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, Hundreds protest femicide in Uruguay, TeleSur, 2018

Reports on one of the most infamous case of a 68-year old woman who was killed by her partner, which gave rise to widespread protests against femicide in Uruguay. Uruguay’s penal code introduced femicide only in April 2018.

Arrarte, Edison, Refusal to Participate in Torture, In Pentikainen, Merja , The Right to Refuse Military Orders Geneva, International Peace Bureau, , 1994, pp. 42-45

Arrarte is the most famous of the Uruguayan soldiers who refused to torture, and served a total of 10 years in prison for his conscience. After the dictatorship, he went on to become a general and an active member of Amnesty International.

Corradi, Juan E. ; Fagen, Patricia Weiss ; Garreton, Manuel Antonio, Fear at the Edge: State Terror and Resistance in Latin America, ed. Corradi, Juan E., Fagen, Patricia Weiss, Garreton, Manuel Antonio, Berkeley CA, University of California Press, 1992, pp. 301

Documents impact of state terror on society in Argentina, Brazil, Chile and Uruguay from 1950s to 1980s, and the emergence of resistance in various sectors.

Drake, Paul, Labor Movements and Dictatorships: the Southern Cone in Comparative Perspective, Baltimore MD, John Hopkins University Press, 1996, pp. 253

In addition to detailed analysis of Argentine, Brazil, Chile, and Uruguay, has comparative discussion with European dictatorships – Greece, Portugal, and Spain.

Finch, Henry, Democratization in Uruguay, Third World Quarterly, Vol. 2, no. 3, 1985, pp. 594-609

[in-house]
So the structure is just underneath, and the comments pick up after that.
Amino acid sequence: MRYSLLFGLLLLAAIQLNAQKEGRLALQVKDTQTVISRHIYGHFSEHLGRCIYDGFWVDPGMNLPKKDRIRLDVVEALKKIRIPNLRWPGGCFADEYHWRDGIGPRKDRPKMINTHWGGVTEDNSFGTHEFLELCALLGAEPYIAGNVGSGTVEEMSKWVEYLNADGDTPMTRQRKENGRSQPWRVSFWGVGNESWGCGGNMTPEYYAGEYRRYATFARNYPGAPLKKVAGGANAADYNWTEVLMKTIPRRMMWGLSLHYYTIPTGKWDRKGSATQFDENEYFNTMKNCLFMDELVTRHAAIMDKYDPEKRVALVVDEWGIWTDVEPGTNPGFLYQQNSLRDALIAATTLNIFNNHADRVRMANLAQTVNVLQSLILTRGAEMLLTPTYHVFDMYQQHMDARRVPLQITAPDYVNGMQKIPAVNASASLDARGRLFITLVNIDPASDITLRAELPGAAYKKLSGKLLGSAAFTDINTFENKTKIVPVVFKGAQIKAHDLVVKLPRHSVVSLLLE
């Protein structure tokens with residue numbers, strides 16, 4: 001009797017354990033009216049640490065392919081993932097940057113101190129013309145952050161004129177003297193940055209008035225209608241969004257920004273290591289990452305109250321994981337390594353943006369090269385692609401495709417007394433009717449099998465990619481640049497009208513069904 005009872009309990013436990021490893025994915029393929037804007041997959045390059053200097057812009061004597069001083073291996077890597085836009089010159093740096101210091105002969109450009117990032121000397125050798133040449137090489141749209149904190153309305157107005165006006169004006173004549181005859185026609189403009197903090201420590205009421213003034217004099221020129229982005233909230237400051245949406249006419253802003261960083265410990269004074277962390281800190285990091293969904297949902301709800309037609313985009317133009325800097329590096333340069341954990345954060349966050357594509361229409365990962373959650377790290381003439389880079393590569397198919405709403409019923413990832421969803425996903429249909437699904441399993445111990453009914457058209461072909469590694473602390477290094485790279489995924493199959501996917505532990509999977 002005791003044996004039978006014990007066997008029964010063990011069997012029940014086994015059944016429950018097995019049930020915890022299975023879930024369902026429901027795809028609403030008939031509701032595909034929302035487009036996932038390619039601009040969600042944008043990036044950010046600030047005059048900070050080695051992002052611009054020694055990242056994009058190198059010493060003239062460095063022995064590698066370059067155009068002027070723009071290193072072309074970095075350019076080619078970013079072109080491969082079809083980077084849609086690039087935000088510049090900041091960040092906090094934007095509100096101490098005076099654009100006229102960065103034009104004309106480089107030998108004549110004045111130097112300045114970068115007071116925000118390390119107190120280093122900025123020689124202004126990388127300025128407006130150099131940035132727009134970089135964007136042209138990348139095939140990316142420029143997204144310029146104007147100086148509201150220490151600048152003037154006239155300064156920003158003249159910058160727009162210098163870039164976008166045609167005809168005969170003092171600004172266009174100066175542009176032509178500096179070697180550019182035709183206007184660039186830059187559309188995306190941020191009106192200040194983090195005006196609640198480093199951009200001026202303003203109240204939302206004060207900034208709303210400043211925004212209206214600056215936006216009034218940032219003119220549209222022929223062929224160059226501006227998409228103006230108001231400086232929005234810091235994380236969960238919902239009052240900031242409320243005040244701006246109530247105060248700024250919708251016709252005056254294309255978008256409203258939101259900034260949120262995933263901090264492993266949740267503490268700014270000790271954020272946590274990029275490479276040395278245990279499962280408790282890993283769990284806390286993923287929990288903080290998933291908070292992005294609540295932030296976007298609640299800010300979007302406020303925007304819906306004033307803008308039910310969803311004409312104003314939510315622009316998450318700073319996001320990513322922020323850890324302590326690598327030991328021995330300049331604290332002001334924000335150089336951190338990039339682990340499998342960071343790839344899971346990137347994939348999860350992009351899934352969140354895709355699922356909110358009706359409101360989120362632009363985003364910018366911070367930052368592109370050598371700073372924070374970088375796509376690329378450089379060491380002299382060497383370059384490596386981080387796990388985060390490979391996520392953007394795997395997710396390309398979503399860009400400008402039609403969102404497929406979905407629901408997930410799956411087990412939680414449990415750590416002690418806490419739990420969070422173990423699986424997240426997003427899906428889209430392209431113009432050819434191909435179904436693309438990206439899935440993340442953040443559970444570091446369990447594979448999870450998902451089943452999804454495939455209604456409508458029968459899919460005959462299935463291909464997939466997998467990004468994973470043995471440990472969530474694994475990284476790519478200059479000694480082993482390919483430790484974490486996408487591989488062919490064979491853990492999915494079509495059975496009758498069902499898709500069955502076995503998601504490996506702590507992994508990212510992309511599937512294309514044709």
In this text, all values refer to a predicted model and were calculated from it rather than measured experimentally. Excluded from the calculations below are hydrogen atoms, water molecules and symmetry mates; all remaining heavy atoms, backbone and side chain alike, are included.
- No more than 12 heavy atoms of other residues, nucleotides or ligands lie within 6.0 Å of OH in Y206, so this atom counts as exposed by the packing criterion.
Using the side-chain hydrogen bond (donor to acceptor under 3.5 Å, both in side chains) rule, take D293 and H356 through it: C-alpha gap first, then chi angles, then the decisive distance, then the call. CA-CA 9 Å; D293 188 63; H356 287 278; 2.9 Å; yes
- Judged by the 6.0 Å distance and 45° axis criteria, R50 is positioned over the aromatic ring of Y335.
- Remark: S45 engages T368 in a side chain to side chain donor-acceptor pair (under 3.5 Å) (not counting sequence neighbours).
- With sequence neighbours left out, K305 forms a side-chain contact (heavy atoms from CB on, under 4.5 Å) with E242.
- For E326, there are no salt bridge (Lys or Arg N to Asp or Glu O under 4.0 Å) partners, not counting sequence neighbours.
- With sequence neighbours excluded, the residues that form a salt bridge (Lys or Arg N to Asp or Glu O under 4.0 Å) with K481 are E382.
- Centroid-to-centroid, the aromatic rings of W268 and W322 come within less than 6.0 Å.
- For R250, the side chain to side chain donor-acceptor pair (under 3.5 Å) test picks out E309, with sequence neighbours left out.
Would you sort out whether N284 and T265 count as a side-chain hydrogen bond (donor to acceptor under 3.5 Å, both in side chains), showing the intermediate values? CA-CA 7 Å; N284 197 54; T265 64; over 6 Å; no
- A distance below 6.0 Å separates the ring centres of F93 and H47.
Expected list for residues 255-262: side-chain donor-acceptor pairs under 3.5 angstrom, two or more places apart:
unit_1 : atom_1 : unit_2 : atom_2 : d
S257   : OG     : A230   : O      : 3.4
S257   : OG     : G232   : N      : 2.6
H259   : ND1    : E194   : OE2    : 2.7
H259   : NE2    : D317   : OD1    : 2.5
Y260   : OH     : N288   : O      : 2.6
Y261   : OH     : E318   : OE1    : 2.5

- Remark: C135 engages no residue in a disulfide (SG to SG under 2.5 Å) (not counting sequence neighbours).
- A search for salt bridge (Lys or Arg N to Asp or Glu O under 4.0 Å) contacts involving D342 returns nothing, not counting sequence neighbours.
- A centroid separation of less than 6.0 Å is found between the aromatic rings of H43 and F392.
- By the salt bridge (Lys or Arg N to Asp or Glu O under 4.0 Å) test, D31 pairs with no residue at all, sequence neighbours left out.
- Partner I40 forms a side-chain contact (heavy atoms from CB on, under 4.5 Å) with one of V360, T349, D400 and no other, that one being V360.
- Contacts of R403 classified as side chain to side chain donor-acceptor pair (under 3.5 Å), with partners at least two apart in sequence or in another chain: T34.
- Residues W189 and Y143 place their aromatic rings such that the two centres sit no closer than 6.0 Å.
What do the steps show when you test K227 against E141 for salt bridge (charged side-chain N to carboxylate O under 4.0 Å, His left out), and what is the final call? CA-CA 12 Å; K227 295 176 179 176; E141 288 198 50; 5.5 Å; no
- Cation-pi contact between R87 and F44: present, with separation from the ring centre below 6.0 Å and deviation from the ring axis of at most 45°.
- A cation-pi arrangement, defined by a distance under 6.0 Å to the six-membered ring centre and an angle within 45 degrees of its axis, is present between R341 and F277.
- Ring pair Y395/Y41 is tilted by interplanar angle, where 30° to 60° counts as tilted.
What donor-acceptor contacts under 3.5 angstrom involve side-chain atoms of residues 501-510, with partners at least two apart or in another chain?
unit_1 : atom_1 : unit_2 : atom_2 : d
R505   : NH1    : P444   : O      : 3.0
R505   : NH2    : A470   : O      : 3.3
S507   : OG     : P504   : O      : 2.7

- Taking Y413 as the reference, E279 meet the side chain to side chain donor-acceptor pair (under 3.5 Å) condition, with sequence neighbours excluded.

Analysis of evolution of opposition from 1983: from saucepan banging, one-day general strikes and 250,000 strong rally on the last Sunday of November 1983 (the traditional day for elections); the electoral politics of 1984 and public sector strike of January-February 1985.

Kaufman, Edy, The Role of the political parties in the redemocratization of Uruguay, In Sosnowski, Saul ; Popkin, Louise B., Repression, Exile and Democracy: Uruguayan Culture Durham NC, Duke University Press, , 1993, pp. 272, pp. 17-58

Includes references to role of ‘truly peaceful resistance’ in 1983.

Loveman, Mara, High-Risk Collective Action: Defending Human Rights in Chile, Uruguay, and Argentina, American Journal of Sociology, Vol. 104, no. 2, 1998, pp. 477-525

Sanguinetti, Julio Maria, Present at the Transition, In Diamond, Larry ; Plattner, Marc F., The Global Resurgence of Democracy Baltimore MD, John Hopkins University Press, , 1993, pp. 432, pp. 53-60

Sanguinetti, a lawyer and journalist, was President from 1985-1990 and played a central role in the negotiations at various times between 1980 and 1984 and notes the importance of dialogue, although this is a more broad ranging analysis of forms of transition.

Sosnowski, Saul ; Popkin, Louise B., Repression, Exile and Democracy: Uruguayan Culture, ed. Sosnowski, Saul, Popkin, Louise B., Durham NC, Duke University Press, 1993, pp. 272

Weinstein, Martin, Uruguay: The Politics of Failure, Westport CT, Greenwood Press, 1975, pp. 190

Weinstein, Martin, Uruguay: Democracy at the Cross Road, Boulder CO, Westview Press, 1988, pp. 160

For Weinstein’s account of the background to the 1973 coup, see: Weinstein, Martin , Uruguay: The Politics of Failure Westport CT, Greenwood Press, , 1975, pp. 190 .